• 5/30/17
    Welcome to the Hunter James Kelly Research Institute. HJKRI includes both basic science and clinical science arms where neuroscientists and clinicians are working together to study myelin and its diseases.
  • 5/30/17
    The Wrabetz Laboratory is interested in the molecular genetics of myelination, studied primarily in transgenic mice.
  • 5/30/17
    Our research goal is to understand the transcriptional regulatory network governing the differentiation of oligodendrocytes and central nervous system myelination.
  • 5/30/17
    During the past five years Dr. Paez have found new and novel functions of voltage and store-operated Ca ++ channels as modulators of intracellular Ca ++ levels in oligodendrocytes.
  • 5/30/17
    We study how glial cells form the myelin sheath and support axons during development, in healthy tissues and in diseases such as Charcot-Marie-Tooth, Multiple Sclerosis and Krabbe disease.
  • 5/30/17
    We are studying the cell-autonomous and non-cell-autonomous mechanisms of axon degeneration, a process akin to programmed cell death.

What We Do


Hunter James Kelly Research Institute (HJKRI) is dedicated to unlock the secrets of myelination in the nervous system and to find therapies for diseases of myelin such as Multiple Sclerosis, Leukodystrophies and Charcot-Marie-Tooth disease. HJKRI is supported by the University at BuffaloHunter Hope's Foundation, New York State and extramural funds.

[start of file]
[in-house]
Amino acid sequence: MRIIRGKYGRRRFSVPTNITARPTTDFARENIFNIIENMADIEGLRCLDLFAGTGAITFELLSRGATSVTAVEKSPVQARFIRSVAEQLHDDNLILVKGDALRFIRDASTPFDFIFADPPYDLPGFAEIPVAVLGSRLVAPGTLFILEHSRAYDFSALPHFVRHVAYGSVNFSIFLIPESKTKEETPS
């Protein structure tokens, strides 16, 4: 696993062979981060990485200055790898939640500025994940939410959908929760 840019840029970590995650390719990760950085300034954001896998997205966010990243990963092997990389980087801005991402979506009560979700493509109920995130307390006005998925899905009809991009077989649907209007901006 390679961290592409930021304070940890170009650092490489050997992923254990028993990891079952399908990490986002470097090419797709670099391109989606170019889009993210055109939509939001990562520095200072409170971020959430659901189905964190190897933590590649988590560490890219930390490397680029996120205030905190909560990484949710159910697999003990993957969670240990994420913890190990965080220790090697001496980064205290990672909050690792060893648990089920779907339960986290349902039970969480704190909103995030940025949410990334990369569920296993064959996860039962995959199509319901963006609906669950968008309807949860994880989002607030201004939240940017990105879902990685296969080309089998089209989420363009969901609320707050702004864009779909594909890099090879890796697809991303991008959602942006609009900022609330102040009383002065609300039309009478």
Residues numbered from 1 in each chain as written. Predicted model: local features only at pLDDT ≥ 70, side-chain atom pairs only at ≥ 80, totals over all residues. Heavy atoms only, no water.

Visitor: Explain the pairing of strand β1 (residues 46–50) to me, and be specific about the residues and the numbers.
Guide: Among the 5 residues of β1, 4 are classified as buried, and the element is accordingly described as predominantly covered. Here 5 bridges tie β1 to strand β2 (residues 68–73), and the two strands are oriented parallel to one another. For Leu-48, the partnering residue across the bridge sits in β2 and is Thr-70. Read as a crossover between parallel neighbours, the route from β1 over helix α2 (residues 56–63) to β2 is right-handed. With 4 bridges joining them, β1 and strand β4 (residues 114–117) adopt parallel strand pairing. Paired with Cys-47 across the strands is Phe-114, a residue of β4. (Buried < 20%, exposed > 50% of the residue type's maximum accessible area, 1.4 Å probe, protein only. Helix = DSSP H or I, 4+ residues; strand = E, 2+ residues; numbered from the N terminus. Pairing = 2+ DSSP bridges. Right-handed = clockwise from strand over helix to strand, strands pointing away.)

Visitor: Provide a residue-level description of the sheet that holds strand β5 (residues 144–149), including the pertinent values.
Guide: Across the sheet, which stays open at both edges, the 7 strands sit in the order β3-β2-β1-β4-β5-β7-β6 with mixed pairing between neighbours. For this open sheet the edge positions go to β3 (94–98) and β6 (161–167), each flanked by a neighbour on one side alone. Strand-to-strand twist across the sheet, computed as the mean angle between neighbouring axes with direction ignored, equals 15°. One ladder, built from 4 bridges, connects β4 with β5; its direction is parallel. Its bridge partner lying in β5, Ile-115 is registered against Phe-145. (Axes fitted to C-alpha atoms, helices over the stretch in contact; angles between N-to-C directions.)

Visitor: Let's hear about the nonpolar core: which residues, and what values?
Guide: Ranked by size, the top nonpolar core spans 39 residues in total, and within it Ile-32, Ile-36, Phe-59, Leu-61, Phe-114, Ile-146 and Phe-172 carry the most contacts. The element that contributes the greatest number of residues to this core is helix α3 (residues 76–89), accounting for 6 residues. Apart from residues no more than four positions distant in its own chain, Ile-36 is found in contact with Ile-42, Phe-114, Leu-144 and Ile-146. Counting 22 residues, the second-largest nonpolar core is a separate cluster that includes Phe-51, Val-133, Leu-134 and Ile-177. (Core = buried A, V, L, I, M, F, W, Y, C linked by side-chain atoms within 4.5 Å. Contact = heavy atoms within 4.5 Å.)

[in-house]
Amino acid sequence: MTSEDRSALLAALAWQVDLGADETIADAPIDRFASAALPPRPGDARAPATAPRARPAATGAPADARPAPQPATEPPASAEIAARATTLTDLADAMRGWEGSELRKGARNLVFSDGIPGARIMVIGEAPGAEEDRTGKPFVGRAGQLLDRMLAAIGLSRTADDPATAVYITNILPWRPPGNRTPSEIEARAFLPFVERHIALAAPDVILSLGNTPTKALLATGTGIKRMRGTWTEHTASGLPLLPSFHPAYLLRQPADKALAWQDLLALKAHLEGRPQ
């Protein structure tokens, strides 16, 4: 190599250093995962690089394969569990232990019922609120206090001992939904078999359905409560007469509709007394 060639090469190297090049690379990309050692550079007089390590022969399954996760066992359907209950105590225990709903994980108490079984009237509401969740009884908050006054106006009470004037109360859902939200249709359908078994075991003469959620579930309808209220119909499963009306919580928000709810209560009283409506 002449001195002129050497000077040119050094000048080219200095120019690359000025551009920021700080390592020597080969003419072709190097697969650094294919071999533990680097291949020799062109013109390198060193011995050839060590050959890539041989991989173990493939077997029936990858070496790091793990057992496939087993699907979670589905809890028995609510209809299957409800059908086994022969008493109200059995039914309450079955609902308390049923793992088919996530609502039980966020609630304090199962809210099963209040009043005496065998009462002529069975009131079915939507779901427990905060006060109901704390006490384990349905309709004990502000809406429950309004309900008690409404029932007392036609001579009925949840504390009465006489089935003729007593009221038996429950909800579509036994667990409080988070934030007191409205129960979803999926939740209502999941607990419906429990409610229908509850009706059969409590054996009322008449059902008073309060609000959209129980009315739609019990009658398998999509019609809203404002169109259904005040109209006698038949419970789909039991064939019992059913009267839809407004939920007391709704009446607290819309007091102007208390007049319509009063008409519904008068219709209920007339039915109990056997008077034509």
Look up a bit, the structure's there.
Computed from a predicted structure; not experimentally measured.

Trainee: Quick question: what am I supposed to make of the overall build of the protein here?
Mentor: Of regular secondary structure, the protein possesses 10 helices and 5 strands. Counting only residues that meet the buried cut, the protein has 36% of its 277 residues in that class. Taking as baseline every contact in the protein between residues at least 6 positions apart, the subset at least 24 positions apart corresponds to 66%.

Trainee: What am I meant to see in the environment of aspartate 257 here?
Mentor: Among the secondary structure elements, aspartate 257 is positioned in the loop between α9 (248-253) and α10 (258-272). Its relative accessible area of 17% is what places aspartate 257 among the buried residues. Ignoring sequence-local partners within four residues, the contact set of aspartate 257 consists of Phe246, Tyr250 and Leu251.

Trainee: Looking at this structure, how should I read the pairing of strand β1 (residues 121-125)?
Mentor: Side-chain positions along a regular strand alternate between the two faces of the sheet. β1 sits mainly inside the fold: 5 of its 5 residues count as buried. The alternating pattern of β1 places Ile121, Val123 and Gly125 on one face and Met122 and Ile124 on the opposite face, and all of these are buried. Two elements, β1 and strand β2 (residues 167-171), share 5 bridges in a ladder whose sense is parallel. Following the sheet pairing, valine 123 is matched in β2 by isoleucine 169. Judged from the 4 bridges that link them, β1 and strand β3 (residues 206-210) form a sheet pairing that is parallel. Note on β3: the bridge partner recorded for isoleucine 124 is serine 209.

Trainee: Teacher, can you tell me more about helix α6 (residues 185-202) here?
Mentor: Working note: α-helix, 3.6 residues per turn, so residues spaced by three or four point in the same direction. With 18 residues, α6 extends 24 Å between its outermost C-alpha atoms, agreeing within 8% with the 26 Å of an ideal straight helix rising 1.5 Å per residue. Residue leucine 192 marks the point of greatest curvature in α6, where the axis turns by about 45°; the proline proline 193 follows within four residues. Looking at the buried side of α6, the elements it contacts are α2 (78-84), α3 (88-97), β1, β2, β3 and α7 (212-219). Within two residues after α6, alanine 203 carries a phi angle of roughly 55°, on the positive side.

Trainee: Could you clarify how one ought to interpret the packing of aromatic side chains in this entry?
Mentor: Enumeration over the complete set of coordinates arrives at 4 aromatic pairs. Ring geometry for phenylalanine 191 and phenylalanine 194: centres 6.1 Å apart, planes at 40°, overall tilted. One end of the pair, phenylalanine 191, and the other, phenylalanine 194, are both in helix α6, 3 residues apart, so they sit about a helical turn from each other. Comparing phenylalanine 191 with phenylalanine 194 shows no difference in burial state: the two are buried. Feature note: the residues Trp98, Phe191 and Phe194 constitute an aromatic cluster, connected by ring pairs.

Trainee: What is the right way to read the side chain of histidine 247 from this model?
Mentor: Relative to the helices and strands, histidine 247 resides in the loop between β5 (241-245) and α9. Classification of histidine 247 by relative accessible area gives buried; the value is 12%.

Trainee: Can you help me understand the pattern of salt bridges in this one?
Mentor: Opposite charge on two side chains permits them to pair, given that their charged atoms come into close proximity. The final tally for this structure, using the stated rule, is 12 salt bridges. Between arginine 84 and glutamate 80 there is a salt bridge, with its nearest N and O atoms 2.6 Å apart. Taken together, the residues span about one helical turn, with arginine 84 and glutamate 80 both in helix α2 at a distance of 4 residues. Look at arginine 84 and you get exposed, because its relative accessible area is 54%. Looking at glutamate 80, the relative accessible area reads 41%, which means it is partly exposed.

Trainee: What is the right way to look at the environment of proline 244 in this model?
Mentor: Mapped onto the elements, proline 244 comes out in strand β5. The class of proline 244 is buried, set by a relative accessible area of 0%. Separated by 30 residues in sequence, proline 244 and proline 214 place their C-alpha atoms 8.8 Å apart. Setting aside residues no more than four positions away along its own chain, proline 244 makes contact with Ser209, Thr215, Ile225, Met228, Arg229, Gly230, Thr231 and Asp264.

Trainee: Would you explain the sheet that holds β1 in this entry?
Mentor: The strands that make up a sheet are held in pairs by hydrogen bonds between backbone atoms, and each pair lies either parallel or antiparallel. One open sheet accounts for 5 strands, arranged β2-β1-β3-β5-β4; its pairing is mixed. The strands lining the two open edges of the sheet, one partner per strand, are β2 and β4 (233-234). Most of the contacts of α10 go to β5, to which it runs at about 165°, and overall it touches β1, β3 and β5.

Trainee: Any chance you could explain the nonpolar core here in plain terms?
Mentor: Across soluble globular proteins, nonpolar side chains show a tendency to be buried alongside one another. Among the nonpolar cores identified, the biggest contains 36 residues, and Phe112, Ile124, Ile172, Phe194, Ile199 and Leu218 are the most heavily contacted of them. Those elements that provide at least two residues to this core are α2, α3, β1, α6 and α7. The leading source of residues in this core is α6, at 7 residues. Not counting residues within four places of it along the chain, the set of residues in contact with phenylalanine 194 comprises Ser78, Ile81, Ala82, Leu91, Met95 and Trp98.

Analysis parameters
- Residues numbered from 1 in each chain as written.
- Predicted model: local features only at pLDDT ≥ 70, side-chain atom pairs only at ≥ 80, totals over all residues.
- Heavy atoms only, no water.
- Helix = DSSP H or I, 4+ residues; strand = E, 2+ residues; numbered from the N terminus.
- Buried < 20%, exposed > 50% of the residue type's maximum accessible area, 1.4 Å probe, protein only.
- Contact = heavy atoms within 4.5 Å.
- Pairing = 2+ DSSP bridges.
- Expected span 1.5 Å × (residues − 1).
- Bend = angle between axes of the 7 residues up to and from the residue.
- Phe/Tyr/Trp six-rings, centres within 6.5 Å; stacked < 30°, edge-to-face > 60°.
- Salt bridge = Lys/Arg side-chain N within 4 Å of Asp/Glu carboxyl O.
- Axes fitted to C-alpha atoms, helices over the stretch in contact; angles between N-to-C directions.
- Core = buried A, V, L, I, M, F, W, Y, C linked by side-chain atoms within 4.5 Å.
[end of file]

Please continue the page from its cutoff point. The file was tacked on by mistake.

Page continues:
Meet Our Faculty & Staff

HJKRI group

Our HJKRI faculty hail from five continents: Africa, Asia, Europe, North America and South America!  We believe this makes for effective and creative research, comprising research approaches literally from all over the world!



The basic research conducted at the HJKRI is based on a multi-disciplinary approach to understand how myelin is formed, how it is damaged in disease, and how it may be repaired.  Myelin diseases cause neurological problems by interfering with neuronal and axon function, so an important focus of HJKRI is to understand, prevent and reverse axonal degeneration.  We use a variety of state-of-the art approaches that include genetic models, bioinformatics, primary cultures of neuronal and glial cells form patients and animal models, neurophysiology and live imaging.  

Updated May 9, 2018